My first publication focused on "Canonical Texts and Cultural Critique with English Learners” was written in conjunction with my advisor to create curriculum tailored to the assets of my students.
My dissertation project has yielded several conference presentations starting in 2019 at the Universidad de Grenada for New Directions in the Humanities and The National Council of Teachers of English Assembly for Research in 2019 and 2020.
The English Journal published the pilot study of this project titled “Honoring immigrant student’s assets and recognizing epistemic privilege” in July of 2021.
The following articles were all related to my dissertation project:
The first theme from my work, creating brave spaces, is available in the Journal of Adolescent and Adult Literacy titled “Immigration stories to reveal funds of knowledge and brave spaces in the literacy curriculum.”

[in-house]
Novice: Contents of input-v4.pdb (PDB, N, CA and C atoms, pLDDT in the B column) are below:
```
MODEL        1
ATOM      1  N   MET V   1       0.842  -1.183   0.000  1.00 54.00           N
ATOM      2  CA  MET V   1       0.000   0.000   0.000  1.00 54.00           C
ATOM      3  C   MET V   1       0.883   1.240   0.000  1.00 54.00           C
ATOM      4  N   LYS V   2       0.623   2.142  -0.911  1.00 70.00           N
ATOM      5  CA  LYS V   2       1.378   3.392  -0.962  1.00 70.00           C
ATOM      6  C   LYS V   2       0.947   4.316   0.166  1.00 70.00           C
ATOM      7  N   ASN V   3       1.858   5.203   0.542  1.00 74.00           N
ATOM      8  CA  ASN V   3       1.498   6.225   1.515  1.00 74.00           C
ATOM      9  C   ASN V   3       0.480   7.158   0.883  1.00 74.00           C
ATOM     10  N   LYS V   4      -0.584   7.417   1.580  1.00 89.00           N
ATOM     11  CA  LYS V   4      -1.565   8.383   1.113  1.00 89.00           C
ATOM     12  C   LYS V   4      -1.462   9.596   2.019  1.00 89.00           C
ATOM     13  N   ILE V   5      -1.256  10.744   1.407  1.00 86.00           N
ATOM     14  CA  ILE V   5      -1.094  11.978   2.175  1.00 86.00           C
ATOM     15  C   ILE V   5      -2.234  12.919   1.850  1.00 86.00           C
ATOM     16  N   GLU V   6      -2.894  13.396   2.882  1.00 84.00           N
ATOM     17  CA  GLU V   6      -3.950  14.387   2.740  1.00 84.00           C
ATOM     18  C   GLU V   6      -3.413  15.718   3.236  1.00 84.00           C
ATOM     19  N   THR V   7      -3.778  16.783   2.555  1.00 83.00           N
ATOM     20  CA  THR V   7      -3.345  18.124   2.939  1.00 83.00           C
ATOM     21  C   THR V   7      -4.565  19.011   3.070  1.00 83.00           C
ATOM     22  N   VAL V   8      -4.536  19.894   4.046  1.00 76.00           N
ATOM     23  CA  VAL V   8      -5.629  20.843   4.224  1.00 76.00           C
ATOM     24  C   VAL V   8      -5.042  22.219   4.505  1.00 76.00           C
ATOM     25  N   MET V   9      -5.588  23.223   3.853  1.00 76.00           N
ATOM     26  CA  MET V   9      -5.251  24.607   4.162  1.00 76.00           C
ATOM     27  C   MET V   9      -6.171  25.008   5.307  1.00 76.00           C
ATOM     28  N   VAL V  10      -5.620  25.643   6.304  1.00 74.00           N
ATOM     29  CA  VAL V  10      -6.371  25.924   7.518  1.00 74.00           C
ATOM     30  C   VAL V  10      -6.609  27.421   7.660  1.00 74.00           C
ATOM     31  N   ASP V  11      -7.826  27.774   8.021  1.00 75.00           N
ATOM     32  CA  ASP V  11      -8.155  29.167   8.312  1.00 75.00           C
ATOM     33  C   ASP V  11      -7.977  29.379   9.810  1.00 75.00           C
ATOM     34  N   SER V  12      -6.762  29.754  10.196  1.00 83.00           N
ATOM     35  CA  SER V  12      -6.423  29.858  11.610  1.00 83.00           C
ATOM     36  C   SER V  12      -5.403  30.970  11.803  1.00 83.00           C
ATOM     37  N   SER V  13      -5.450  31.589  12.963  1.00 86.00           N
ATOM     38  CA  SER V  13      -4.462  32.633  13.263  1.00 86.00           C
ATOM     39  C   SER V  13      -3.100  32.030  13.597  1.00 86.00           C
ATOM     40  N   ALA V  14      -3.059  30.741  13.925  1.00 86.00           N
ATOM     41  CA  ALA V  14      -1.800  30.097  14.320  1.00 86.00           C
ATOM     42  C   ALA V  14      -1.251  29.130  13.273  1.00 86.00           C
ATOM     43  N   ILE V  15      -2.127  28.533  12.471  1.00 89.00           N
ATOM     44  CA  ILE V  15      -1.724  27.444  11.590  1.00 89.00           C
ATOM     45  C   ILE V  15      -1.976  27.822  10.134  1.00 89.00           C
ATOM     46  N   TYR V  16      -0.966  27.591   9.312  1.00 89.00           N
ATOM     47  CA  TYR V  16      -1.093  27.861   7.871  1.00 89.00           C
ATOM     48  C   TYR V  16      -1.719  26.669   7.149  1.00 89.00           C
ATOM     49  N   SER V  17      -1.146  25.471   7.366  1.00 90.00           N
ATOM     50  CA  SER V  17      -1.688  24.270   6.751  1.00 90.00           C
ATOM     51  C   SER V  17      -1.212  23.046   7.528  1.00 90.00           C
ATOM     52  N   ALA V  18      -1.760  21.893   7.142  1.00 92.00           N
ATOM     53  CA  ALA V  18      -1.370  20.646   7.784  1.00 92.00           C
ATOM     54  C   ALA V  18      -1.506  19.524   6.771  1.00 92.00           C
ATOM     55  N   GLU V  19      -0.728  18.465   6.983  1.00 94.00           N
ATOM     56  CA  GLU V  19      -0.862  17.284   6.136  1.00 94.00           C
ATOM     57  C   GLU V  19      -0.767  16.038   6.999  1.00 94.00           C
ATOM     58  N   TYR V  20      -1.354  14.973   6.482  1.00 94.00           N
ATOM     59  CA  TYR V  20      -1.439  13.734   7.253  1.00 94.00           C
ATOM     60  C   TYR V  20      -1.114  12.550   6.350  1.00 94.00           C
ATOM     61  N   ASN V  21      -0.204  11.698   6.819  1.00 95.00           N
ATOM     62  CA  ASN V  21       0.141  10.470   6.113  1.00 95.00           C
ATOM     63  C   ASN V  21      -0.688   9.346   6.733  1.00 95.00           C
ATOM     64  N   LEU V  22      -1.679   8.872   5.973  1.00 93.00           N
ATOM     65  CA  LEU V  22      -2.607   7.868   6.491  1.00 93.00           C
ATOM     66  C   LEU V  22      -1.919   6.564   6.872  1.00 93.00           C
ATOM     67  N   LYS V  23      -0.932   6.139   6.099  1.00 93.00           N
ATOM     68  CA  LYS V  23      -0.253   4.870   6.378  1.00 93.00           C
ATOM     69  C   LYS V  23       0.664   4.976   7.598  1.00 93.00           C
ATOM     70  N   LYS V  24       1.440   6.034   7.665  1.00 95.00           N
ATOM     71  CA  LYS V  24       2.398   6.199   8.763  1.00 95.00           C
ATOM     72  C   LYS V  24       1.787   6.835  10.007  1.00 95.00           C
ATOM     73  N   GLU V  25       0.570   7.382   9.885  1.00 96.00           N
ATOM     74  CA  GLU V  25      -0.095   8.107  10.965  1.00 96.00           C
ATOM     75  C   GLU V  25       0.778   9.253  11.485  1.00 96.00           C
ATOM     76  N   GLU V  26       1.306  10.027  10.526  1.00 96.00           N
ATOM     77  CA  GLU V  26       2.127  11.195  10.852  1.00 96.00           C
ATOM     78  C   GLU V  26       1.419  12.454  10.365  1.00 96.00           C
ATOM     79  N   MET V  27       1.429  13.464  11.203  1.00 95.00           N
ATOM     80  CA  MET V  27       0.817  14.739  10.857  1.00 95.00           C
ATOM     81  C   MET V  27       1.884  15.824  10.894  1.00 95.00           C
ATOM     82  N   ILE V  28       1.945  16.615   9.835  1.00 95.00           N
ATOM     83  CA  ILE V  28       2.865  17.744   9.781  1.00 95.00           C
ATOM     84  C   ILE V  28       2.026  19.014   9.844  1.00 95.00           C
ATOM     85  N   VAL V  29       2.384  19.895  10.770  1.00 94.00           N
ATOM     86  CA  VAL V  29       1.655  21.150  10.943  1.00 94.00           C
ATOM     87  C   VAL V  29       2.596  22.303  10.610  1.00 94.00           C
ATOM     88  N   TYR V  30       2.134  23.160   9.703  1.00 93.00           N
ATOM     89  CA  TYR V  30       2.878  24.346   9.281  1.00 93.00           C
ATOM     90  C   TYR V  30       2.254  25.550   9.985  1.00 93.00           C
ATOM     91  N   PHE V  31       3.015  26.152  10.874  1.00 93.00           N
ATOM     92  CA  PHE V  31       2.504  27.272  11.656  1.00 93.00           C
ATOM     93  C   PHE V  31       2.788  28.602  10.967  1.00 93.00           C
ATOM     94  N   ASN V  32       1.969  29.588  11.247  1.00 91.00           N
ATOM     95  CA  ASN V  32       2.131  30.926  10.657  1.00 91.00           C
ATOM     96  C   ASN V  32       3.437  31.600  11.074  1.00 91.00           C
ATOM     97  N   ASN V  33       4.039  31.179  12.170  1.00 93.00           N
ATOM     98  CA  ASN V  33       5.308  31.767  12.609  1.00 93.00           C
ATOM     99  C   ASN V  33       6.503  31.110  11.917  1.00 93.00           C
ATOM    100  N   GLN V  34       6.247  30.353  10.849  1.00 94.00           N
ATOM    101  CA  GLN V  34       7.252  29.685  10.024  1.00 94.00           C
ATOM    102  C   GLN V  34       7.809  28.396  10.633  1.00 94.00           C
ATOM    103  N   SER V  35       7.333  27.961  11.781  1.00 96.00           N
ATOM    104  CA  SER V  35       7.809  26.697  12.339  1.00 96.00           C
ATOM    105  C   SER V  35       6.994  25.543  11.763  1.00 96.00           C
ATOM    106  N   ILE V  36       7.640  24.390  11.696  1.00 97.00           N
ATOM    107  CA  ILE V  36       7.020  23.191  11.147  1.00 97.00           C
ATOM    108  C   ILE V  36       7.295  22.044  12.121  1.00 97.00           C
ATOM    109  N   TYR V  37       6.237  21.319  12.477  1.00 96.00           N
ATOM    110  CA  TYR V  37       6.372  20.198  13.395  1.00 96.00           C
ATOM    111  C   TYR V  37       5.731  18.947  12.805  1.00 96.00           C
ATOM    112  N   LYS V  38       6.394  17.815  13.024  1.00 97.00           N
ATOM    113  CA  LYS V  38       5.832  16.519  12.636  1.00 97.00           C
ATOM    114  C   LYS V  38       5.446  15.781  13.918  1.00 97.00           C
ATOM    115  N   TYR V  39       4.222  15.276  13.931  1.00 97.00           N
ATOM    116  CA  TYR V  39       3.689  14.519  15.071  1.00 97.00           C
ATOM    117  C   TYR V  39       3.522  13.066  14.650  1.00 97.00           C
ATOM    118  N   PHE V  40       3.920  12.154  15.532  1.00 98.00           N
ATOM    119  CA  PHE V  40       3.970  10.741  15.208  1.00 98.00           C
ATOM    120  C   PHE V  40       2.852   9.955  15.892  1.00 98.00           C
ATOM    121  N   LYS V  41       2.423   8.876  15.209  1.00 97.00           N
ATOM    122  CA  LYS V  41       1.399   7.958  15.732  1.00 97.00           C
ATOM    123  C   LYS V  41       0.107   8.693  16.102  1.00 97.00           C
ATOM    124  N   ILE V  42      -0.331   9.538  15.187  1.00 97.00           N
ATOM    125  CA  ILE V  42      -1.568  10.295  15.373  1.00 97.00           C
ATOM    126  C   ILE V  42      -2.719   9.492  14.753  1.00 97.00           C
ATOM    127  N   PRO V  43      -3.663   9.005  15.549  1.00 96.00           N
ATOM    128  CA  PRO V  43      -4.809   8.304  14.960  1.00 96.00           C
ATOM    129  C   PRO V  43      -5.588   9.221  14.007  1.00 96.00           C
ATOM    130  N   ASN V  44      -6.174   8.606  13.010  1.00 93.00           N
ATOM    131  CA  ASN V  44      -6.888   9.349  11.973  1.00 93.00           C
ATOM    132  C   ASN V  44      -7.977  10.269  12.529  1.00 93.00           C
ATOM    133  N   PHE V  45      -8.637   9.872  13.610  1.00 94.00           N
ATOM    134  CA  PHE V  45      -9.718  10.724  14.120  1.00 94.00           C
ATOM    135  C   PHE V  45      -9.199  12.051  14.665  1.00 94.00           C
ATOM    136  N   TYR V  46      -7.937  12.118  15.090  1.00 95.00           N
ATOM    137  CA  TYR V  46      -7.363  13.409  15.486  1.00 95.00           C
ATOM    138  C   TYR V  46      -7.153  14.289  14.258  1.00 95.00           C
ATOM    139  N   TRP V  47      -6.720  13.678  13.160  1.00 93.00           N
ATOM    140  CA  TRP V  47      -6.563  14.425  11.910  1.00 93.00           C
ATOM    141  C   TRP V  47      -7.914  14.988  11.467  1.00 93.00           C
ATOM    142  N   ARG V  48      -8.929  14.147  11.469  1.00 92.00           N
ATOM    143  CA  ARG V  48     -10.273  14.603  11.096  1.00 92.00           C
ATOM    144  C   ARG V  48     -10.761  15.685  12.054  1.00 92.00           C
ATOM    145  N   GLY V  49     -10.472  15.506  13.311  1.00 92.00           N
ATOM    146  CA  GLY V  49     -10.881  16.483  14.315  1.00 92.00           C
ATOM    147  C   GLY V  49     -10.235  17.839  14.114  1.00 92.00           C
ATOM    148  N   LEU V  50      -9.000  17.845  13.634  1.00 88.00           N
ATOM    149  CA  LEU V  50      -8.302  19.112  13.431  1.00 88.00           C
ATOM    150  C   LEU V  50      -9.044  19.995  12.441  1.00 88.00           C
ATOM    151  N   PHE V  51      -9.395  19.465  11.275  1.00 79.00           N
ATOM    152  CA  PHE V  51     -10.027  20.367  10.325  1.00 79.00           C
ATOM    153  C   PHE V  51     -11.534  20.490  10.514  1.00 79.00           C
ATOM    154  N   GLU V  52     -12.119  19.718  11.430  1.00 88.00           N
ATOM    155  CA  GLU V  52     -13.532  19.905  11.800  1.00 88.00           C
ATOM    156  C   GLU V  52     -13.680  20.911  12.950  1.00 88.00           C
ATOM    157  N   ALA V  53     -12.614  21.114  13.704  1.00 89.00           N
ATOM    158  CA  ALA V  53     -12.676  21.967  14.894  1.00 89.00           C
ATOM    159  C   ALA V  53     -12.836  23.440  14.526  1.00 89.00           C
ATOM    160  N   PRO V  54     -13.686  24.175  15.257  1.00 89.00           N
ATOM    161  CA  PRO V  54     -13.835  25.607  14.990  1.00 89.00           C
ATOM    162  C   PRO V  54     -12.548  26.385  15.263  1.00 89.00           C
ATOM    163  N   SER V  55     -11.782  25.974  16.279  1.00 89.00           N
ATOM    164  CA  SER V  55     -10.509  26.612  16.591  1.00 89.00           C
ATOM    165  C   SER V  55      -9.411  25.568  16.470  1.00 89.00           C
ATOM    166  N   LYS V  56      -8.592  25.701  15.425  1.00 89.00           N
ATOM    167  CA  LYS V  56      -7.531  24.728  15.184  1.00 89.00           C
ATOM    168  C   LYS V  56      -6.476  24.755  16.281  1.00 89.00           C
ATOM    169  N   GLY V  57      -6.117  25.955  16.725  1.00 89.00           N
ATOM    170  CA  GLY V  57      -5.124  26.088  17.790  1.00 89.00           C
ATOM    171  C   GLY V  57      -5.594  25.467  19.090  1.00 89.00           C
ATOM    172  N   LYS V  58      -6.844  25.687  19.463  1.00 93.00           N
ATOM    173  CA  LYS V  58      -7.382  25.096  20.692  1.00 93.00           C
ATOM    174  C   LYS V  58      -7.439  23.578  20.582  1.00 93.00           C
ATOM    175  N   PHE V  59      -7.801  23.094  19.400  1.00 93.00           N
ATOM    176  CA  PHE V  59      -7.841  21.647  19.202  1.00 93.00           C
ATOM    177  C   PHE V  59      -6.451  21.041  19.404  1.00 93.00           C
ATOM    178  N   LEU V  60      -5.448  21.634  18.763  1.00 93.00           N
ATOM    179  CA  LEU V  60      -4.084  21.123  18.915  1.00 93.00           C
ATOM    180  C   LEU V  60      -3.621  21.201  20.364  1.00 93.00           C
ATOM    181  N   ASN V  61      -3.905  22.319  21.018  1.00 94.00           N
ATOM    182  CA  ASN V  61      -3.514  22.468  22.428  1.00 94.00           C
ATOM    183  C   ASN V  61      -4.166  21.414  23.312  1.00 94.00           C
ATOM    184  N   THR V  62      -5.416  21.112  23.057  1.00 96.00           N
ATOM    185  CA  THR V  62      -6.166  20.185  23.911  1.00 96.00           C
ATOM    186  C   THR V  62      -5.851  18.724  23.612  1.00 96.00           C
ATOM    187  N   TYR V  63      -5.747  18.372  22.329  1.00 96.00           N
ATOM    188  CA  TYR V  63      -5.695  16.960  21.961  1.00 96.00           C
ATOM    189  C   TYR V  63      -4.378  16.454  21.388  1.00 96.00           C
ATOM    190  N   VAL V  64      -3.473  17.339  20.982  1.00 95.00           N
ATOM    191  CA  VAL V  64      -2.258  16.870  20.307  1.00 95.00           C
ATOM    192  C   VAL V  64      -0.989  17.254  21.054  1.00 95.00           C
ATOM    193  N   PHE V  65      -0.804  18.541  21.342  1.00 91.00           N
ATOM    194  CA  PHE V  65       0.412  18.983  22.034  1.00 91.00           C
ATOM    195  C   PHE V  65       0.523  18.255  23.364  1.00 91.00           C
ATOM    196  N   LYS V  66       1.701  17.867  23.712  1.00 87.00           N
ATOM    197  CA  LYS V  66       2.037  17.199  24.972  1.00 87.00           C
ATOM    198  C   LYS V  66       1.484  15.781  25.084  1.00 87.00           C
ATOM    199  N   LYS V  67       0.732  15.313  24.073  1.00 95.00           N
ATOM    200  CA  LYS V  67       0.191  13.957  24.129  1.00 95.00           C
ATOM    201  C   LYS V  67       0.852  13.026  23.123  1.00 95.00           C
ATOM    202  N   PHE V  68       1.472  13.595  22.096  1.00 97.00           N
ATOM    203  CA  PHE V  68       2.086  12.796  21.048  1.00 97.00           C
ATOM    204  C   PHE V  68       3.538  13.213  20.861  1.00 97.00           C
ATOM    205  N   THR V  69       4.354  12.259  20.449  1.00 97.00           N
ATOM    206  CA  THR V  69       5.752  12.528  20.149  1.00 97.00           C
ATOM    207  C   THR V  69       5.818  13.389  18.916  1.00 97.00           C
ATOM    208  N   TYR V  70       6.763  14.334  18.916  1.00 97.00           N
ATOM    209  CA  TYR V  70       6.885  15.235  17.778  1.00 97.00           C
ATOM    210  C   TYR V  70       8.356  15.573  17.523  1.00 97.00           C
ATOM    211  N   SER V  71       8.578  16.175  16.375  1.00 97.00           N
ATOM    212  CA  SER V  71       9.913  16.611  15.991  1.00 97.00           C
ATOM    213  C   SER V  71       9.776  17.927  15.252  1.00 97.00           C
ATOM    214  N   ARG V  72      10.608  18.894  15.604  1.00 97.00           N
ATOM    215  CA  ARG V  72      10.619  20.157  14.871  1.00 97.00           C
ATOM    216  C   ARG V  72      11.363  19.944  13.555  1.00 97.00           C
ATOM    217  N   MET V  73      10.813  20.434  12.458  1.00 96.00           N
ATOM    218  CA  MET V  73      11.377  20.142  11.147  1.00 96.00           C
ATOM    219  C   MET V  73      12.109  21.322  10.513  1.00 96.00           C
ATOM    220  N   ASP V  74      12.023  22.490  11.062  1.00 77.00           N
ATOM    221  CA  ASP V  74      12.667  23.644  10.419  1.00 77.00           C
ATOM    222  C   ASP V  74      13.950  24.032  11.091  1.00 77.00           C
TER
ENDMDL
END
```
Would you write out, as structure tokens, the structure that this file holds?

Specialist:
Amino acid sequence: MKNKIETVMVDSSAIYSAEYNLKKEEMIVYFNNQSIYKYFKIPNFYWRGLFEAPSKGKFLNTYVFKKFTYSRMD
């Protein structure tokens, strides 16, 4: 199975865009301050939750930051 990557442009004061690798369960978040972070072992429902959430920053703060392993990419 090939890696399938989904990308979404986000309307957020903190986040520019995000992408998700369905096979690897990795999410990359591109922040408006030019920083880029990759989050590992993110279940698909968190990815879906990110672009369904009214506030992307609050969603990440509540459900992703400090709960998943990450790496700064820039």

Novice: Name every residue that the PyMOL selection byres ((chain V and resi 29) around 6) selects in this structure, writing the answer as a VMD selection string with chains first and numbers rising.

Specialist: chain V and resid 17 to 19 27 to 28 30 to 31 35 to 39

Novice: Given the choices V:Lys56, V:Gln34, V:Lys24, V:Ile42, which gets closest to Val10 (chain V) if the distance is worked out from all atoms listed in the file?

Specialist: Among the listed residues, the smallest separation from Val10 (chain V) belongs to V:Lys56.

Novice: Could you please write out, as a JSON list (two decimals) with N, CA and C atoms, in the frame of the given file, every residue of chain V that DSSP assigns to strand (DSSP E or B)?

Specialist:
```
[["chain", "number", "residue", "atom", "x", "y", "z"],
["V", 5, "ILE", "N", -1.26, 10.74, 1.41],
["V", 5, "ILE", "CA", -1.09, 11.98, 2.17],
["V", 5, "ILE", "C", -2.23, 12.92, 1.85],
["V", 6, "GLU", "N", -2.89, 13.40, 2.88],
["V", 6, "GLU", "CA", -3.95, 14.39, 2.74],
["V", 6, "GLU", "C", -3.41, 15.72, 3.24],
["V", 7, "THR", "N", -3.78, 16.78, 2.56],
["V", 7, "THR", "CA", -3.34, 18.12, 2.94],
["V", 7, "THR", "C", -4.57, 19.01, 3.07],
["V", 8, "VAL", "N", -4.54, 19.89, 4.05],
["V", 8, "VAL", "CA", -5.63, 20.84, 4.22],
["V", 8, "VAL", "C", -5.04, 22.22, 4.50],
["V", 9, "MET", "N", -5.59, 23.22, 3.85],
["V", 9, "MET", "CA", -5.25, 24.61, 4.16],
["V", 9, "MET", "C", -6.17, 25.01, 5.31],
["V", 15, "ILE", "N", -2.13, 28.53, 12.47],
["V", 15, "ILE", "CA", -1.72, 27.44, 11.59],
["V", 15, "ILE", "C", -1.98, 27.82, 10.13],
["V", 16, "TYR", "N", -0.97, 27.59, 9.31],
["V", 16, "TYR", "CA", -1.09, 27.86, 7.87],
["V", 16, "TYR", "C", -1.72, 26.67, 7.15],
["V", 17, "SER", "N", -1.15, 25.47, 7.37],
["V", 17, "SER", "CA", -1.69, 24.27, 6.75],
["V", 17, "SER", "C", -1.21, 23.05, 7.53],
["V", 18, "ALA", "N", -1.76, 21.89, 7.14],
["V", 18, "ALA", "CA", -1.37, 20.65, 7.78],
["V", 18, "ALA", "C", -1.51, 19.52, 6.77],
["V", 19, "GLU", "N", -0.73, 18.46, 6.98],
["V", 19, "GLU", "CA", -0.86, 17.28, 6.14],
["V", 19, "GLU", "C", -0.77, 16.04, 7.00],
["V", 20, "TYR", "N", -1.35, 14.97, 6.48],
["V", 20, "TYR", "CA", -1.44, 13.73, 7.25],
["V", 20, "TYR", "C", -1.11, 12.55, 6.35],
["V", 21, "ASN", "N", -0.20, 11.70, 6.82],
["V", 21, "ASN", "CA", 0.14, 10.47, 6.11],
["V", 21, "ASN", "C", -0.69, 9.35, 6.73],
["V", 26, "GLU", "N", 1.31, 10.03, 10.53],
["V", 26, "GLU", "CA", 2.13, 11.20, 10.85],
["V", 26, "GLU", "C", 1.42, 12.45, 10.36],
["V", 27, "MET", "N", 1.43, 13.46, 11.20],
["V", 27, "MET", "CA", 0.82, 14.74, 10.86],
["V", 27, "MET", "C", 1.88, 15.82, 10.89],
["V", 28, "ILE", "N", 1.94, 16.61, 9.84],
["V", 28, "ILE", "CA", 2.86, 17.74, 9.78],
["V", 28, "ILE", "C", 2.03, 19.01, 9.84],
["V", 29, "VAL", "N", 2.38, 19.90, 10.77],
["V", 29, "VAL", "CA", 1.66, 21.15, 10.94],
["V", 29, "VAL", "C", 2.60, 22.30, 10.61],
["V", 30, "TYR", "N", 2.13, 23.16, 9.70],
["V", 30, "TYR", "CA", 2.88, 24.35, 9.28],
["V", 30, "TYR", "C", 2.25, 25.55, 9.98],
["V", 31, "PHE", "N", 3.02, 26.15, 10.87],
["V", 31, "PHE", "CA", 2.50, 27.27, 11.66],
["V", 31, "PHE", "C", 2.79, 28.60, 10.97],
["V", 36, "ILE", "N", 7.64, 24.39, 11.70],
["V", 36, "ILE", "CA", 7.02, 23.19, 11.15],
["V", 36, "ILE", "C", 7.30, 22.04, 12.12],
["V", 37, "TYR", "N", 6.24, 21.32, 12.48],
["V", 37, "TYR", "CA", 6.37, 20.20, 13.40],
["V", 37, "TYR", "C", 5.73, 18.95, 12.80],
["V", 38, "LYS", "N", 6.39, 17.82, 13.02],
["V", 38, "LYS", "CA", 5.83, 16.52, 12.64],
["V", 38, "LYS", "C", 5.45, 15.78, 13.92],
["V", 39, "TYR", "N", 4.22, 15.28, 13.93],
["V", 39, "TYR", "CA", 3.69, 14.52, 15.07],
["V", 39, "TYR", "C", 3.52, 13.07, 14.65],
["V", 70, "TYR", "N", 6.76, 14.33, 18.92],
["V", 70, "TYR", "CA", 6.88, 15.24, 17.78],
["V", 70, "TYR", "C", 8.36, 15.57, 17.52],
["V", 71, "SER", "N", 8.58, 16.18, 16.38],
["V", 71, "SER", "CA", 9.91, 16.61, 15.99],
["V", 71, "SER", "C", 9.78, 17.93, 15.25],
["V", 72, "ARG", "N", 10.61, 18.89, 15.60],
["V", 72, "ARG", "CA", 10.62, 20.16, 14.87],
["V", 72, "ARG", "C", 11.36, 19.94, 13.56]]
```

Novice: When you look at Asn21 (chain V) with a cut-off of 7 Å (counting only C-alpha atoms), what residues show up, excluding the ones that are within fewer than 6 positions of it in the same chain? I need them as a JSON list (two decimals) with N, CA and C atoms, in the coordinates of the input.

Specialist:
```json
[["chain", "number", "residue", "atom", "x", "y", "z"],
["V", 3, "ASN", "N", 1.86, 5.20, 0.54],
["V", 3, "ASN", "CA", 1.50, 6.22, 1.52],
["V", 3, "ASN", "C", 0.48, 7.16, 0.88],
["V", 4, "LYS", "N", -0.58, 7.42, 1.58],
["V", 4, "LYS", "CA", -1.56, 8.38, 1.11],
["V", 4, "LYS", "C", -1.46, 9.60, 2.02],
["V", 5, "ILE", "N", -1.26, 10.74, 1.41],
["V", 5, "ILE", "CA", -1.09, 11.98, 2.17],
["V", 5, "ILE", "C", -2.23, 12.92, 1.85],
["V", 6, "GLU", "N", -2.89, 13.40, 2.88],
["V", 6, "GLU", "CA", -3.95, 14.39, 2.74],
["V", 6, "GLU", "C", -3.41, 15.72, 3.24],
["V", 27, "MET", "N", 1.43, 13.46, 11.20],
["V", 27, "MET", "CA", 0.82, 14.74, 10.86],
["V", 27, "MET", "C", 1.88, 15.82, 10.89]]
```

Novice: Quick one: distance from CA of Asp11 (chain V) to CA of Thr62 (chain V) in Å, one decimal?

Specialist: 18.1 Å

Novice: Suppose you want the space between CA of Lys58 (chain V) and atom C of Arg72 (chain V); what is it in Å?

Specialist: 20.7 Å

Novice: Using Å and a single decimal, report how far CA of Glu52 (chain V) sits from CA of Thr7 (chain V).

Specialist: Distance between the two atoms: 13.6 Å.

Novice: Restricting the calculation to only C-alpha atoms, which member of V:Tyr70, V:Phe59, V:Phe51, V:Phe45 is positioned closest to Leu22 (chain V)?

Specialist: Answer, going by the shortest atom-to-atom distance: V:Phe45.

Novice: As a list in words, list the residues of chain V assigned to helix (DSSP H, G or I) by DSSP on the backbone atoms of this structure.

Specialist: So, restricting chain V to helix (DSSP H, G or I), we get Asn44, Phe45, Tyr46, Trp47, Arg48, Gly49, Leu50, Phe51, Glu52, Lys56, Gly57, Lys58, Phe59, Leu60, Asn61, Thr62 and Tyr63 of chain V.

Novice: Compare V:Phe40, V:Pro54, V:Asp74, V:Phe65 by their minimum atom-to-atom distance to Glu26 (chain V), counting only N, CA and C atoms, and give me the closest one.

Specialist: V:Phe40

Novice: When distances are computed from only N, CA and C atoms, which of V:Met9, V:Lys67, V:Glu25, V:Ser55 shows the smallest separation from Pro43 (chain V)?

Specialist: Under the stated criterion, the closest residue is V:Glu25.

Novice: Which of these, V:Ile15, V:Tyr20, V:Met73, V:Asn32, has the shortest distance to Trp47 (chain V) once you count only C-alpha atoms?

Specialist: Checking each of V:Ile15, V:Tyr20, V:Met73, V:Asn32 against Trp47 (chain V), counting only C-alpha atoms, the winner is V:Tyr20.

“Exploring global religious traditions through artifactual literacy,” focuses on finding spaces to integrate family and culture in literacy curriculum. It is available via English Teaching Practice and Critique.
“Hero or Monster? Diverse Student Considerations of The Odyssey” is in press with The English Journal and considers student connections and questions about cannon texts by analyzing archetypes, reading multicultural texts, and creating counterstories.
The final article from my dissertation research, “Learning to be Culturally Responsive: Listening to Student Stories in the Emergent Bilingual Classroom” and has been submitted for publication. It considers ways we can integrate the lessons we learn when incorporating literacy projects focused on student assets into required English Language Arts curriculum.